Sunday 31 December 2017

Review of 2017
Colin's sermon 31 Dec 2017

 Donald Trump tweeted a lot in 2017 – but I won't go into that because we've all had quite enough of that already. I also won't go into North Korea's obsession with nuking other countries because its just too terrifying.

We've also had a bellyful of Brexit. I suspect that somewhere in the deepest pit of hell some fiend in the department of ironic punishments came up with an idea: "So they want Brexit do they? We'll give 'em Brexit – till it's coming out of their ears!"

Terrorism was the dominating news story early in the year:
Bombing at a pop concert in Manchester arena. The artist giving the concert, Ariana Grande, has a huge following among young girls whom she encourages to be confident and strong. Sadly the result was that most of the victims were teenagers with all their lives before them.
Hire cars were driven into crowds on Westminster Bridge and later London Bridge, followed by men running amok with knives, randomly killing innocent people.
These wicked acts can only be described as utterly depraved. However the actions of the police and emergency services covered them with glory as they responded with great promptness and effectiveness.

But more people were killed through neglect, incompetence, penny pinching and indifference in the next disaster – the Grenfell flats fire. Seventy one people died very horribly. Unbelievably there was no ladder tall enough in the Greater London area for the fire service to get to the source of the fire, people fleeing the disaster by the tower's only staircase were ordered back into the building, there were no sprinklers, and the cladding (which should have been fireproofed if it hadn't cost a little more) actually caught fire and spread the blaze rapidly to the inaccessible upper floors. Grenfell was a death-trap and so are hundreds of other similar towers up and down the country. It is widely thought that Kensington Council weren’t bothered because it was social housing for people who in their view perhaps didn't matter very much.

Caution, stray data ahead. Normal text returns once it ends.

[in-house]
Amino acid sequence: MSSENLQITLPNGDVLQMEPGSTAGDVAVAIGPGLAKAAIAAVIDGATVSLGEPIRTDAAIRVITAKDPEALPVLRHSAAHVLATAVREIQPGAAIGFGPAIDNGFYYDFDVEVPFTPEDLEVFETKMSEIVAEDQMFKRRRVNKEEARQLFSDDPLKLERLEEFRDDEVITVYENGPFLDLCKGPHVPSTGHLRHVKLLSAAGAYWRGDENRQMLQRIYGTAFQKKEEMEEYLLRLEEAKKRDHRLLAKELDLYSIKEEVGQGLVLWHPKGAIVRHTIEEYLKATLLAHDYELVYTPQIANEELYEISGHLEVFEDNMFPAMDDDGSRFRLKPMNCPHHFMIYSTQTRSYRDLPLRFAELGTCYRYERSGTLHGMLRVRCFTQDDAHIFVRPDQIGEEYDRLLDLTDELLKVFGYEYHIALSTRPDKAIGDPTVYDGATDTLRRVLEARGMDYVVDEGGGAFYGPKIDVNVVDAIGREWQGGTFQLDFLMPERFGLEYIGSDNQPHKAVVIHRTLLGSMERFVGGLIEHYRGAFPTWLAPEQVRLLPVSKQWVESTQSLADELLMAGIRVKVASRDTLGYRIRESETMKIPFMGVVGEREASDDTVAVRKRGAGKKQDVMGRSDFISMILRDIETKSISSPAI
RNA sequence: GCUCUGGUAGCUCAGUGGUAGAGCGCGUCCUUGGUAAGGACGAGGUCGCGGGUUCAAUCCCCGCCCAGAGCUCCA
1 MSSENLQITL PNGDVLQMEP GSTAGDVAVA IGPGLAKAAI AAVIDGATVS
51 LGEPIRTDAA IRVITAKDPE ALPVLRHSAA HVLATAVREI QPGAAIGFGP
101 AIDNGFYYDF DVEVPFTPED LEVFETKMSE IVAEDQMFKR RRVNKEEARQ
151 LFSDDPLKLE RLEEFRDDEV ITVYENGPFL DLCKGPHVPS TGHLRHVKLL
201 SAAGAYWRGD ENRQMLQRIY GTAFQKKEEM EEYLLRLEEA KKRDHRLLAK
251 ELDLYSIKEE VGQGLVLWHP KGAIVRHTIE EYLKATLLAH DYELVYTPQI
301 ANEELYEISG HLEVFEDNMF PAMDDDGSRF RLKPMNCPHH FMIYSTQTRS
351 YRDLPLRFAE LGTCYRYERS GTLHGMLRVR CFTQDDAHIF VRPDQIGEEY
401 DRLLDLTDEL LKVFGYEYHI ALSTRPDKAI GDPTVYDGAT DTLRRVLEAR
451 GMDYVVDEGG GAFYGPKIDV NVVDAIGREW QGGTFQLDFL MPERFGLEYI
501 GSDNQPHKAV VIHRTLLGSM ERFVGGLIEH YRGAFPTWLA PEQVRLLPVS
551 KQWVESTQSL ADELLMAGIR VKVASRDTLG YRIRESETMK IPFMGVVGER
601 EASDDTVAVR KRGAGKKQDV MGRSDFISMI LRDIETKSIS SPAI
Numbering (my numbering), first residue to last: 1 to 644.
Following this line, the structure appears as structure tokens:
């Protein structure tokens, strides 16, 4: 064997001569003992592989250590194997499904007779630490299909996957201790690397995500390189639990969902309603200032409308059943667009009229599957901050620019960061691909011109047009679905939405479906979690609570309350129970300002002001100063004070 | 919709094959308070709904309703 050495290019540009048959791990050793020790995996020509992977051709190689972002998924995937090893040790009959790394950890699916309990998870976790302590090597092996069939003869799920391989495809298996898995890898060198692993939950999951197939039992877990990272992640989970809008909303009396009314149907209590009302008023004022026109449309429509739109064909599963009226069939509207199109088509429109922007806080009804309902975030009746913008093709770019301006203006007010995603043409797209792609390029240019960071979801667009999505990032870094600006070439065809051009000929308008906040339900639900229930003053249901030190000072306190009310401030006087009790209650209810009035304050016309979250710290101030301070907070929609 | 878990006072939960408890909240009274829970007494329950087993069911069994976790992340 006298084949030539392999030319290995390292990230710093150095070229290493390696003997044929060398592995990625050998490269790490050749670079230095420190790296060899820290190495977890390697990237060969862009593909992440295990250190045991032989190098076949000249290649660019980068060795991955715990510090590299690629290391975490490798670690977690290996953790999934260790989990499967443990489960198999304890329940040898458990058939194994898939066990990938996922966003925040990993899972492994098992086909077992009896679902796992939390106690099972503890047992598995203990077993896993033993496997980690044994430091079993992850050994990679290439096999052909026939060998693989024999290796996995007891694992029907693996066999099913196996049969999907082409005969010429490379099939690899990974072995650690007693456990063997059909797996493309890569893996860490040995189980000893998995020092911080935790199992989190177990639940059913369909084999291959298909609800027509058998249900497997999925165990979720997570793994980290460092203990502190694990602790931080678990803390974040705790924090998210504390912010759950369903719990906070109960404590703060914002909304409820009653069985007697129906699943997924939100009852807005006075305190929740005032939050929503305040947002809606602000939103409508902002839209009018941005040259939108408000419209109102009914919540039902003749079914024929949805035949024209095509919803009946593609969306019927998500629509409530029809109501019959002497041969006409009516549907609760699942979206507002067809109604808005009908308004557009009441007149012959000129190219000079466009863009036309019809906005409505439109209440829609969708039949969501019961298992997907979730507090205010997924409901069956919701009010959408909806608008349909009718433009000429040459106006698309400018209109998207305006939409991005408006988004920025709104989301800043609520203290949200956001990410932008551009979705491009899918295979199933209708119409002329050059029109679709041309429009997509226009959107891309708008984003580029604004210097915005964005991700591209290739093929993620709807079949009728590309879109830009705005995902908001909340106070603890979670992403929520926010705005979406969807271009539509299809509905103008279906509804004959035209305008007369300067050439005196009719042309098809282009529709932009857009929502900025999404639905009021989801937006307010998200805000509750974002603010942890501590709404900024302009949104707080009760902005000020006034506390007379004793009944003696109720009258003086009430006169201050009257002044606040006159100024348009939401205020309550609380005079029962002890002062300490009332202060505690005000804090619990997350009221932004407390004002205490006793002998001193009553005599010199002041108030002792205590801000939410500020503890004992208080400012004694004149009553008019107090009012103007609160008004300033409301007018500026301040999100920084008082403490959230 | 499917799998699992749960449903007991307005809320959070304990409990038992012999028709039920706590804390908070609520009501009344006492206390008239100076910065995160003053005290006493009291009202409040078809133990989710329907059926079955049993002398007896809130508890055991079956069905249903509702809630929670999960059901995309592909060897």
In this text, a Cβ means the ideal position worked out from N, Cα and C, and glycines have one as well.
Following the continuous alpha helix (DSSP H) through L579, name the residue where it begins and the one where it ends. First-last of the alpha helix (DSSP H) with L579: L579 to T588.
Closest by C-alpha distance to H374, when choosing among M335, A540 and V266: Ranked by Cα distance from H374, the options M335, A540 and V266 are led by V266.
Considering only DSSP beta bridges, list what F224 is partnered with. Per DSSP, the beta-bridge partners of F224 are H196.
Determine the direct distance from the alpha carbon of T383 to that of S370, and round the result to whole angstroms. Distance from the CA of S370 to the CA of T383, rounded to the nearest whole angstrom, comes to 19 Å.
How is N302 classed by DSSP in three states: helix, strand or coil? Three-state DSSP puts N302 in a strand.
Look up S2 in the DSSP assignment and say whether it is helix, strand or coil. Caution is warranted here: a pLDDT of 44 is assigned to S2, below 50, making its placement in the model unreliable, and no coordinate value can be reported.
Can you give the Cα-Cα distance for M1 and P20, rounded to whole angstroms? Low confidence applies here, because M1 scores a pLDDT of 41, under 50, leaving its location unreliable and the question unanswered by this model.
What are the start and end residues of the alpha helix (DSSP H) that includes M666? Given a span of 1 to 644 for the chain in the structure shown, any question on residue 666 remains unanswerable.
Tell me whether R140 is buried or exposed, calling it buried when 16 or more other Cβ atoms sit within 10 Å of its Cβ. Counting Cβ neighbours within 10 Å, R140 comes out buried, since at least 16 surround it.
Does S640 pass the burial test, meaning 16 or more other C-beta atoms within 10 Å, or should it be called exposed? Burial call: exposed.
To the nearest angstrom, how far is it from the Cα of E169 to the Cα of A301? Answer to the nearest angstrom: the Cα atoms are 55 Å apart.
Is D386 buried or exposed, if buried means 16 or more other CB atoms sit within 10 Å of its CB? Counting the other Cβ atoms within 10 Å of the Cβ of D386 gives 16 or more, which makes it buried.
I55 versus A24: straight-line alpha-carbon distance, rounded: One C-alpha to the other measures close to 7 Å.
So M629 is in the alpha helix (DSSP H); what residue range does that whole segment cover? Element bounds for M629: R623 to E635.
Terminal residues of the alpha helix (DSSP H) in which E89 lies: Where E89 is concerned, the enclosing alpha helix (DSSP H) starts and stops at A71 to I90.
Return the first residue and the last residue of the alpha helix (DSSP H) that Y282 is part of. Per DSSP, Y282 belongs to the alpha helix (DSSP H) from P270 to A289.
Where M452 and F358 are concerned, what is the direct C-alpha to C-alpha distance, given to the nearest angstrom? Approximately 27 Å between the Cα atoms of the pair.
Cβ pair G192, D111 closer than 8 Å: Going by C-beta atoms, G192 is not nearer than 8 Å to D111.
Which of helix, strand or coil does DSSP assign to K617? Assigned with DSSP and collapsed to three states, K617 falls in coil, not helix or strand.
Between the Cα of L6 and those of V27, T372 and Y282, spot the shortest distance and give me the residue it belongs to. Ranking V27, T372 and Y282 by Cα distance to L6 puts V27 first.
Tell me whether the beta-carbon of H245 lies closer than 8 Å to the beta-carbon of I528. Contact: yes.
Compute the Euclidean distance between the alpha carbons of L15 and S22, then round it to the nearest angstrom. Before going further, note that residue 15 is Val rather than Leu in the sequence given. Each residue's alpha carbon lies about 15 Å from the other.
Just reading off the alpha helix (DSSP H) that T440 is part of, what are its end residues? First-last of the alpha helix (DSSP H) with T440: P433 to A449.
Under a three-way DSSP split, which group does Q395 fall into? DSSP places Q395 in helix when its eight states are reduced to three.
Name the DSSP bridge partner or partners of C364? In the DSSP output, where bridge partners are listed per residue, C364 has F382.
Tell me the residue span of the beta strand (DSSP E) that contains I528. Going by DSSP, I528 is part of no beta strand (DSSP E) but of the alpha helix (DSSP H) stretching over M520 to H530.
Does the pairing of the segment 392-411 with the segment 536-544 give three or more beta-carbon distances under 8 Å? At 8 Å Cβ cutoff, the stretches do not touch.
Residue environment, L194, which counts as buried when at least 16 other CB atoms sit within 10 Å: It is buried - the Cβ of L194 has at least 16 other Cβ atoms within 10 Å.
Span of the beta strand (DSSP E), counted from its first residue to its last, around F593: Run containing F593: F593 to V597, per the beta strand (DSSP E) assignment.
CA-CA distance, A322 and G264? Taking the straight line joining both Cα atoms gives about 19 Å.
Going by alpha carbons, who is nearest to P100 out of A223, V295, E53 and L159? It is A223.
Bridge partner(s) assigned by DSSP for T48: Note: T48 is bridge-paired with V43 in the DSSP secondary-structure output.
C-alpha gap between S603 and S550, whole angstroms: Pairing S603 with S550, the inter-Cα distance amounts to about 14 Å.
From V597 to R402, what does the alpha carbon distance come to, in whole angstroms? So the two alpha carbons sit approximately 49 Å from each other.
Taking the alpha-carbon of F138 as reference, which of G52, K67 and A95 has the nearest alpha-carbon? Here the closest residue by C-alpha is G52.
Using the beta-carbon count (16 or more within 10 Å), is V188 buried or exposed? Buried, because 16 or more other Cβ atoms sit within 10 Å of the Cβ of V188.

But they mattered to God! Church workers were very quickly on the scene offering comfort and support. Churches threw open their doors to provide emergency accommodation for those who were so traumatically made homeless.

I promised not to mention Brexit, didn't I? But this was the year when Teresa May asked the country to increase her majority. She wanted a stronger hand in dealing with those crafty Eurocrats! Pride comes before a fall, as the Good Book says. We all know how that election went. "Not another one!" Large numbers of seats were lost to the Labour party even though Jeremy Corbyn had been relentlessly portrayed as unelectable. Interestingly the young turned out in force to vote for him because they saw the election as an opportunity to tell the older generation that they don't like the kind of future we are forging for them… mountainous debts… short term low paid jobs… crippling housing costs…

More politics – Tim Farron was hounded and hounded on one particular issue until he was forced to resign as leader of the liberal democrats. He commented that it was no longer possible in today's Britain for a Christian to lead a political party. That is an indictment of a so called liberal society where everyone is tolerated – except the people we don't want to tolerate. Sadly those unwanted people are more and more – guess who - the Christians.